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Monday, February 18, 2013
State of the Noles: Guards and Centers

By NoleNation Staff

When it comes to recruiting, coaches are always thinking long-term. It's not just about which holes must be filled immediately, but rather where the needs might be in two or three more years.

With that in mind, NoleNation writers David Hale and Corey Dowlar are going through each position, looking at what FSU has on its roster now, and who might provide reinforcements down the line, projecting starters and evaluating the depth through 2015.

Up next, a look at the interior of FSU's offensive line: Guards and centers.

Current scholarship Guards/Centers (11): Tre Jackson (Jr.), Ruben Carter (RSSo.), Josue Matias (Jr.), Daniel Foose (RSJr.), Trey Pettis (RSSo.), Garrett Faircloth (RSSr.), Ira Denson (Fr.), Sterling Lovelady (Jr.), Bryan Stork (Sr.), Austin Barron (Jr.), Ryan Hoefeld (Fr.)

Bryan Stork
Bryan Stork is almost guaranteed to start in 2013, but whether it's on the interior or at tackle remains to be seen.
Potential early departures: Jackson and Matias will both be three-year starters with good size and athleticism, so there's a chance they could consider the NFL if 2013 goes well. None are likely early departures, however.

Predicted starters (Hale's picks/Dowlar's picks)
2013: Matias, Jackson, Stork/Matias, Jackson, Stork
2014: Matias, Jackson, Barron/Matias, Jackson, Barron
2015: Denson, Carter, Hoefeld/Denson, Wilson Bell, Hoefeld

Why they'll start: Matias and Jackson are locks for starting jobs for the next two seasons, barring injury or an early exit for the NFL draft. That's the easy part. Beyond that, however, there are some major question marks.

Stork was a key cog at center in 2012, providing veteran leadership on a young offensive line. His size -- 6-foot-4, 312 pounds -- made him an imposing blocker at the position, too. There's certainly a starting job awaiting Stork again in 2013, but questions remain about whether that will come at center or at right tackle, a position vacated by Menelik Watson.

If Stork moves, Barron becomes the obvious choice to take over at center after he started three games there as a true freshman in 2011. Even if Stork stays put, Barron appears to be the heir apparent for 2014. In either case, the starting unit for FSU's interior line looks solid for the next two seasons, barring injuries.

The real problem is depth and long-term potential. Denson is a star in the making, but FSU has few can't-miss prospects beyond that. Incoming freshman Wilson Bell is currently slotted at tackle, but could make a move. The only problem is that FSU is equally shorthanded on the edges, too.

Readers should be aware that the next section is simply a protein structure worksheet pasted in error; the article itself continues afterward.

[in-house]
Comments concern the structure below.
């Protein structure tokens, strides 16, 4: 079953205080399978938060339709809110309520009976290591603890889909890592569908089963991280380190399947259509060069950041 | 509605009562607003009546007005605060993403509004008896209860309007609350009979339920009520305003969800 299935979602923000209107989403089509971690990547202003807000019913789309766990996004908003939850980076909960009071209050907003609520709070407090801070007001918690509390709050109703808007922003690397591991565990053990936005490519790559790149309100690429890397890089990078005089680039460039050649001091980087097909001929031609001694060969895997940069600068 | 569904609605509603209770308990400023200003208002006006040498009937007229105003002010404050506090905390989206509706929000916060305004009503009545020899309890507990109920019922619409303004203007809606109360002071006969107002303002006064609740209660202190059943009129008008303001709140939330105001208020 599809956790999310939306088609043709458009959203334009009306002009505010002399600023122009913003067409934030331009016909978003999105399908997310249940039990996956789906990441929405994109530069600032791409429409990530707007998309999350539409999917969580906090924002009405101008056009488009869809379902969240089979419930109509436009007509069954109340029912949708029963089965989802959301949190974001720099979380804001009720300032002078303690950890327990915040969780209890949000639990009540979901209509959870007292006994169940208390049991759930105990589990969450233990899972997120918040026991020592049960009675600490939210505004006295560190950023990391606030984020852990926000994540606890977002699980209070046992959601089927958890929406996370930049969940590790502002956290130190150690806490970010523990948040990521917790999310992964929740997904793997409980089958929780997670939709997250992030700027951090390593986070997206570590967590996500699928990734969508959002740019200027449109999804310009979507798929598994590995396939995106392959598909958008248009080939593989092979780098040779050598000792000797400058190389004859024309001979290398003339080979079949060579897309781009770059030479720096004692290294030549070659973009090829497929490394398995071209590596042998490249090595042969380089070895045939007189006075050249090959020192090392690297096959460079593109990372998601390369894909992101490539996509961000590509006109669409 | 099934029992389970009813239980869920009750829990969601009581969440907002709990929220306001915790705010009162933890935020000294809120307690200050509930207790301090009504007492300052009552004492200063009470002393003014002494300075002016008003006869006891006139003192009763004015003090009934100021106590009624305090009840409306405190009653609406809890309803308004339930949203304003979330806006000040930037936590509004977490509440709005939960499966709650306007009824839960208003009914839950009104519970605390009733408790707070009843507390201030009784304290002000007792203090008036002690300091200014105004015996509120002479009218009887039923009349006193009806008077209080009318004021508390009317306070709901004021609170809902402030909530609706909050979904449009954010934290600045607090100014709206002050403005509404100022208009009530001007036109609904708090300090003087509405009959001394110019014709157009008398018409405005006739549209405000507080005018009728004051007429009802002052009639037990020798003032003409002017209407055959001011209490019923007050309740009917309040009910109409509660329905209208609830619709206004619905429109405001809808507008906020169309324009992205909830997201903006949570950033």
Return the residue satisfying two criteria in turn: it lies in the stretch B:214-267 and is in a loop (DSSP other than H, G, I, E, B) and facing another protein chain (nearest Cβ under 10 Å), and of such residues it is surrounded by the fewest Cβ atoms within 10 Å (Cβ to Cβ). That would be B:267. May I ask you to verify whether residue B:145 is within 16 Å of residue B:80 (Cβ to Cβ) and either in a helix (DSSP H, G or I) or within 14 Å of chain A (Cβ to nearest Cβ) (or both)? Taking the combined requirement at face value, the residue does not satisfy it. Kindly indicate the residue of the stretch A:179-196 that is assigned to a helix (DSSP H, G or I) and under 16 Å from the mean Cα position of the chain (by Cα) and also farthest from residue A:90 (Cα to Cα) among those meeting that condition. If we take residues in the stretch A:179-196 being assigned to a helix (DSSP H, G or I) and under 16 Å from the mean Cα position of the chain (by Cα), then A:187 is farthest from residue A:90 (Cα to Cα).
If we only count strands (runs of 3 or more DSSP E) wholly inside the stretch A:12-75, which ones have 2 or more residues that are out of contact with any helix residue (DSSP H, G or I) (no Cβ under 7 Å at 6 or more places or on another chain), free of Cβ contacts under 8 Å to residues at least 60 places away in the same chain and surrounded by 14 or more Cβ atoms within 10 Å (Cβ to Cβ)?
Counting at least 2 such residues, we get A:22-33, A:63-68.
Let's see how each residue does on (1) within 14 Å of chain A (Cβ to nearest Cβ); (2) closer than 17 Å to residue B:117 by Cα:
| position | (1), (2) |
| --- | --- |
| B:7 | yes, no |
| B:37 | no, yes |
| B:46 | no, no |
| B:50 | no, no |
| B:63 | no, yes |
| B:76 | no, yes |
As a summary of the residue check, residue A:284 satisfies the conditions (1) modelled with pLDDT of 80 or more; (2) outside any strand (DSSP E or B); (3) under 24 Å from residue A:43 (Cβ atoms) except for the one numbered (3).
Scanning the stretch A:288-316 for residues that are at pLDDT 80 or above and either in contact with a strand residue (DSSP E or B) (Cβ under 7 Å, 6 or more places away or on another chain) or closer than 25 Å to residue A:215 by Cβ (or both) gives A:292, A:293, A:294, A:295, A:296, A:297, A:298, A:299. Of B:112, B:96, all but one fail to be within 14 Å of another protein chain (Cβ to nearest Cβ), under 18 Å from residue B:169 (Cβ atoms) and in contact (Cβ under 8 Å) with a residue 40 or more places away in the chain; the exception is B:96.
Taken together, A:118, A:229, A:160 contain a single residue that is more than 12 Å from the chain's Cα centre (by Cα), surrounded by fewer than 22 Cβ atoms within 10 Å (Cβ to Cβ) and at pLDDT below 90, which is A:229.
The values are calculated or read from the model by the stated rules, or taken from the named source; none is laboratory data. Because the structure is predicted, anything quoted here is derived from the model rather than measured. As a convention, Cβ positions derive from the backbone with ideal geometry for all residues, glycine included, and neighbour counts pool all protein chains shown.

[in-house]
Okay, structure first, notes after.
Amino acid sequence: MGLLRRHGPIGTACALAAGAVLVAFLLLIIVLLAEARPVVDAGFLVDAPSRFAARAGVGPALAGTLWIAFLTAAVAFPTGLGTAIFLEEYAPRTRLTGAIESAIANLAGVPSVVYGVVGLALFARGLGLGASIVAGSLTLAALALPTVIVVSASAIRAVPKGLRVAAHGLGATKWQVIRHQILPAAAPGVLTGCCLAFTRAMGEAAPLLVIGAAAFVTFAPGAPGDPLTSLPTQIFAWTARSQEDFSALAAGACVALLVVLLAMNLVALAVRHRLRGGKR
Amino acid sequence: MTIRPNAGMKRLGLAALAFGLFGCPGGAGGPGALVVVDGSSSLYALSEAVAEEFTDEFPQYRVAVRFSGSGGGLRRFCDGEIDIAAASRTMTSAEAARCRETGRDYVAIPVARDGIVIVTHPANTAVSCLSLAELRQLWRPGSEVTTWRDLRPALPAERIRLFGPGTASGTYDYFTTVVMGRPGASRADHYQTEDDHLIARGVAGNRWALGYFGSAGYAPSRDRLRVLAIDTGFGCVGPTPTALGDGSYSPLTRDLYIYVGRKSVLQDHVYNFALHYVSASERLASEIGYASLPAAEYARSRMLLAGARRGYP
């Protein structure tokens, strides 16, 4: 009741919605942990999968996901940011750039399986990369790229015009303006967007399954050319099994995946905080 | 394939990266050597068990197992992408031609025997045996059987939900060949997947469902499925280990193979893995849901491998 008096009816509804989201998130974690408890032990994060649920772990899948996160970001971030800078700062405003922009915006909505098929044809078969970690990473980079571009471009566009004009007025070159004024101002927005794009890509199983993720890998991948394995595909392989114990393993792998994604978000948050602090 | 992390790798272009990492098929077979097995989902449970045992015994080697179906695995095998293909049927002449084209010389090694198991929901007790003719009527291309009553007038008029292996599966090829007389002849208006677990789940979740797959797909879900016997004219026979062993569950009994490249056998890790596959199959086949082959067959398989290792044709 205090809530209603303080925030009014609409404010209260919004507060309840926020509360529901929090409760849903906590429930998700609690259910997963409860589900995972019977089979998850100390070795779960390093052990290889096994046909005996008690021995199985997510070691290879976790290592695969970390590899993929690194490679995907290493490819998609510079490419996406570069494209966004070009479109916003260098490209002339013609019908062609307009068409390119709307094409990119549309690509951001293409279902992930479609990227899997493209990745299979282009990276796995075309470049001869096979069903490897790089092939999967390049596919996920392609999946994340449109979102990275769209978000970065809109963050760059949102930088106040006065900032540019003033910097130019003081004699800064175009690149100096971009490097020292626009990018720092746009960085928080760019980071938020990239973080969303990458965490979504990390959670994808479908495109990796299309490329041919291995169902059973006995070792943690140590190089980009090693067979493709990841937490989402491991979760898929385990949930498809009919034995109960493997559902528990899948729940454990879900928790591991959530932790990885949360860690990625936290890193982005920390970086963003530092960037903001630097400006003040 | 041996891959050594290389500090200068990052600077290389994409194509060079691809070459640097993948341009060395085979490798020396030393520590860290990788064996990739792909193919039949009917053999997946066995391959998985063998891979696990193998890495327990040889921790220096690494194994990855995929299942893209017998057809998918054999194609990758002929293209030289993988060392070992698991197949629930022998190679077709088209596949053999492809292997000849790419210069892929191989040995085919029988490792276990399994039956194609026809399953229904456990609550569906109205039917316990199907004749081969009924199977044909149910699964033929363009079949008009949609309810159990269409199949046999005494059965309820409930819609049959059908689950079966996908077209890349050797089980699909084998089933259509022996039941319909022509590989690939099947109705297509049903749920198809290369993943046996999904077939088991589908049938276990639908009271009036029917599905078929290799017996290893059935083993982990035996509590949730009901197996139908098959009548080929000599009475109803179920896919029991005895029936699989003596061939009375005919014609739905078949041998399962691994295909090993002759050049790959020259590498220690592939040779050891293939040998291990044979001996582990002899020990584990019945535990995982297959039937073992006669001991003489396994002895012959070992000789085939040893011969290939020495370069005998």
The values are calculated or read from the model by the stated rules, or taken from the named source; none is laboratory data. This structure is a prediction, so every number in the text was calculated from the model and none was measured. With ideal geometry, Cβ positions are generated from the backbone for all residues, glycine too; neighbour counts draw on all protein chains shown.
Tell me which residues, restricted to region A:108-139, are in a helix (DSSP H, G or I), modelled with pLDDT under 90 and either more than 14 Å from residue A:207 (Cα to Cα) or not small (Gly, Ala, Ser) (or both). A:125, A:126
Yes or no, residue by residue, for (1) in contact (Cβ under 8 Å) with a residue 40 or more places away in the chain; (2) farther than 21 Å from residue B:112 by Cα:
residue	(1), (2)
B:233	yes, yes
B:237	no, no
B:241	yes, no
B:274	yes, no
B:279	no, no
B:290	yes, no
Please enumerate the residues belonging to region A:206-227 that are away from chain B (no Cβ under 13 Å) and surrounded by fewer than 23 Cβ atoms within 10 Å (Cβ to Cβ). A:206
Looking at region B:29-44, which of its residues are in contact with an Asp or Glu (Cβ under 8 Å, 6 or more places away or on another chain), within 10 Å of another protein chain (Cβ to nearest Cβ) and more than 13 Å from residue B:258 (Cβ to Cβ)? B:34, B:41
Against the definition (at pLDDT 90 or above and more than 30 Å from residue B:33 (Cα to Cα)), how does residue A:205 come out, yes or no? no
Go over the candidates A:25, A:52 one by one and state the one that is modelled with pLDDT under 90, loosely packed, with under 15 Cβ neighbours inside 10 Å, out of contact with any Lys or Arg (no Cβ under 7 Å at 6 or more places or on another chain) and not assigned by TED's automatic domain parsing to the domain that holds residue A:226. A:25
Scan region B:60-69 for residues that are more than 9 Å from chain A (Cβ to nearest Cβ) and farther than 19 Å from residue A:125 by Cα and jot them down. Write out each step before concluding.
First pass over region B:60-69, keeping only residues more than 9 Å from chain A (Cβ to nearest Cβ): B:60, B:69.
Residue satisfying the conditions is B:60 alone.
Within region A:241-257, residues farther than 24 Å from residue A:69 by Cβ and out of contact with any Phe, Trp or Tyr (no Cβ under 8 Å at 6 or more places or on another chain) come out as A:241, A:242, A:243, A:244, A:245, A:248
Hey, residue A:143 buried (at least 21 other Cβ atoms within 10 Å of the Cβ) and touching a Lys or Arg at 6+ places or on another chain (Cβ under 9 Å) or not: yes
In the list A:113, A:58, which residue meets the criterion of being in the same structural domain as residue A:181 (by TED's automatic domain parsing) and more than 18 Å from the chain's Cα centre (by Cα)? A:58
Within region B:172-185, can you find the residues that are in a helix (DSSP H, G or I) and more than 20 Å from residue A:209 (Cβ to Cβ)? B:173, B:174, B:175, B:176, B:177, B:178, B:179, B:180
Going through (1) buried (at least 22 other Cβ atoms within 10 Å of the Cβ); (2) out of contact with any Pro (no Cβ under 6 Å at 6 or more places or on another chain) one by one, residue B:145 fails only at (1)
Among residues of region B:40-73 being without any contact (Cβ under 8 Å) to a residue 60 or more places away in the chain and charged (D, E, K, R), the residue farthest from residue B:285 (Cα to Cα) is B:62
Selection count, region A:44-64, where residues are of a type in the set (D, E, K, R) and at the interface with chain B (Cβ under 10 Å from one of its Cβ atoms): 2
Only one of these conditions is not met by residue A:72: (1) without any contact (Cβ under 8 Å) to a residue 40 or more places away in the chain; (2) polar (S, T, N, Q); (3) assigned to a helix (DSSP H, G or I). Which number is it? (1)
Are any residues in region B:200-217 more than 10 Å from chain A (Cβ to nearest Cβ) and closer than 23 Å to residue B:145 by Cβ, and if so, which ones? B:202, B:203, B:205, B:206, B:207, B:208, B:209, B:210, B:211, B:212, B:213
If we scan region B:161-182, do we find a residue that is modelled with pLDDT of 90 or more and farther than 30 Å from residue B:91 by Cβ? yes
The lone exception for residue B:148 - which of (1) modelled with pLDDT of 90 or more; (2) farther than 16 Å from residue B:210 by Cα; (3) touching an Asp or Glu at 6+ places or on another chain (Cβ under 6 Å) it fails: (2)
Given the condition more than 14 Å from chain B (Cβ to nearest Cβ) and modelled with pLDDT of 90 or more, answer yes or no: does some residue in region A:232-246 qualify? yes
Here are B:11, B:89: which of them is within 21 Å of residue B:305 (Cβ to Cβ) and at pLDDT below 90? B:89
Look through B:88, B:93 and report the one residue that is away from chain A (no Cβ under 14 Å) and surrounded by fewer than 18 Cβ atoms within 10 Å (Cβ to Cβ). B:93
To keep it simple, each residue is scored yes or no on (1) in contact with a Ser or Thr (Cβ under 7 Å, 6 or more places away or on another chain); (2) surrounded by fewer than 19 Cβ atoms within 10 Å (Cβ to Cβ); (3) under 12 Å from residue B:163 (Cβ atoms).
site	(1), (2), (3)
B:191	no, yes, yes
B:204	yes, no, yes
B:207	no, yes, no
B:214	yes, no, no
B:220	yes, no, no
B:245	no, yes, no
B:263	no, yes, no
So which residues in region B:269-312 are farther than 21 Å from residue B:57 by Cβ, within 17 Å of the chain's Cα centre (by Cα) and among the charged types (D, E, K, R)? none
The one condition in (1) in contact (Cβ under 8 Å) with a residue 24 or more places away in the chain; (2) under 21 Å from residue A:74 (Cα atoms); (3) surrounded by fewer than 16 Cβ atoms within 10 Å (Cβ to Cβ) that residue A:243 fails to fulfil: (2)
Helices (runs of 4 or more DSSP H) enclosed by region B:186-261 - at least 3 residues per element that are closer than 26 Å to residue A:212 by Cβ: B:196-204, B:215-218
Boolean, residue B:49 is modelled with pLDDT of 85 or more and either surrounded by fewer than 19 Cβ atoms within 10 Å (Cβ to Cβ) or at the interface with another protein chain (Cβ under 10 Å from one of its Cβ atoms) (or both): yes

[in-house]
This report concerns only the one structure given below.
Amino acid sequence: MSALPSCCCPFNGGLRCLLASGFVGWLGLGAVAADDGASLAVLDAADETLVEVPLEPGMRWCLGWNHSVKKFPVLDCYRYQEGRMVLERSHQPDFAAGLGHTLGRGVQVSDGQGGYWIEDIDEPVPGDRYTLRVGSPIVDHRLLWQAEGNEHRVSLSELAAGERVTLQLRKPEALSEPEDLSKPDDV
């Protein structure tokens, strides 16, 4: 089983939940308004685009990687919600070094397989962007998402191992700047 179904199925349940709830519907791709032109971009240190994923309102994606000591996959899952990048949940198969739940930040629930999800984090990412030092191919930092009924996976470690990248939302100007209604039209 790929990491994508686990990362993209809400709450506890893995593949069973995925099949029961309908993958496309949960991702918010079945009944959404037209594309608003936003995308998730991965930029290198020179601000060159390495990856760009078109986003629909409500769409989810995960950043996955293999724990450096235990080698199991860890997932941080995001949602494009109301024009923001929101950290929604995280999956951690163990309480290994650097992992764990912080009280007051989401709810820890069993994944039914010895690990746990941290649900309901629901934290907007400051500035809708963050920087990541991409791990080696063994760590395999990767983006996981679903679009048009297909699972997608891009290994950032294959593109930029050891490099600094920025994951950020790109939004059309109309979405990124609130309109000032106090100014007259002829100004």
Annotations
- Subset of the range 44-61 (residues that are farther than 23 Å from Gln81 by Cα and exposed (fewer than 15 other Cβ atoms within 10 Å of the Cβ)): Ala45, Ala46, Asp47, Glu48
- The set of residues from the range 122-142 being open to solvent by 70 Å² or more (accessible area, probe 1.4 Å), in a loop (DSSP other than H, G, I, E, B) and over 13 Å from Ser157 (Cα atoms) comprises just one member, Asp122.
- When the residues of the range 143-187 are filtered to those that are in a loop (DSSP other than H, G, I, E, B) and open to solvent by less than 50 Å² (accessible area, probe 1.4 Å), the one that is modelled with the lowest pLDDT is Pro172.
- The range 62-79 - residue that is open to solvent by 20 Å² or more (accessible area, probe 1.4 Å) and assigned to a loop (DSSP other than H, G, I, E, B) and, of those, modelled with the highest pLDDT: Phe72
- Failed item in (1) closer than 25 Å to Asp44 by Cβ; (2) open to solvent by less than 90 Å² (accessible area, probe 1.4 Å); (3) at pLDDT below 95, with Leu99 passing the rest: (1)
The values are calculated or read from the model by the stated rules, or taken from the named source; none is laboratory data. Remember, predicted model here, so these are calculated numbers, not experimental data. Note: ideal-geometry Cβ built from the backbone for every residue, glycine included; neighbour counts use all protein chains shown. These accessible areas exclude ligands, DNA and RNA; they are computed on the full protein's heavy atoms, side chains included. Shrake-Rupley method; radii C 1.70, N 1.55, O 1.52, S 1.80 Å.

Carter and Pettis are the only other members of the current roster of interior linemen who projects to be with the team still in 2014, which underscores just how important next year's signing class will be, and perhaps as significantly, how much pressure there will be on line coach Rick Trickett to develop talent quickly. Expect a few junior college transfers to be added to the mix.

Who might FSU add: Florida State brought in Denson (Madison, Fla./Madison County), a four-star prospect, at the guard spot and Hoefeld (New Orleans/Brother Martin) at center in 2013. Bell (Prichard, Ala./M.T. Blount) could possibly wind up at guard or tackle, but his 6-foot-4 frame suggests it will be on the interior.

Florida State doesn't have any offensive line commitments beyond 2013, but will likely load up at the position. Given the lack of depth, specifically on the interior, it will be a priority in recruiting throughout the 2014 cycle, and possibly in 2015, too.

So far, FSU's only 2014 offers on the offensive line have gone to tackles, but a handful of interior linemen, including Isaiah Wynn (St. Petersburg, Fla./Lakewood), remain possibilities.

Long-term grade: D. A failing grade here wouldn't necessarily be an overreach either. FSU's depth and long-term security on the offensive line is perhaps the biggest question mark looming on the horizon for Jimbo Fisher and his staff, and addressing it with the next signing class is an absolute necessity. On the positive side, the potential for early playing time should be a valuable recruiting tool. On the downside, any significant injuries on the line this year are going to be hard to cover.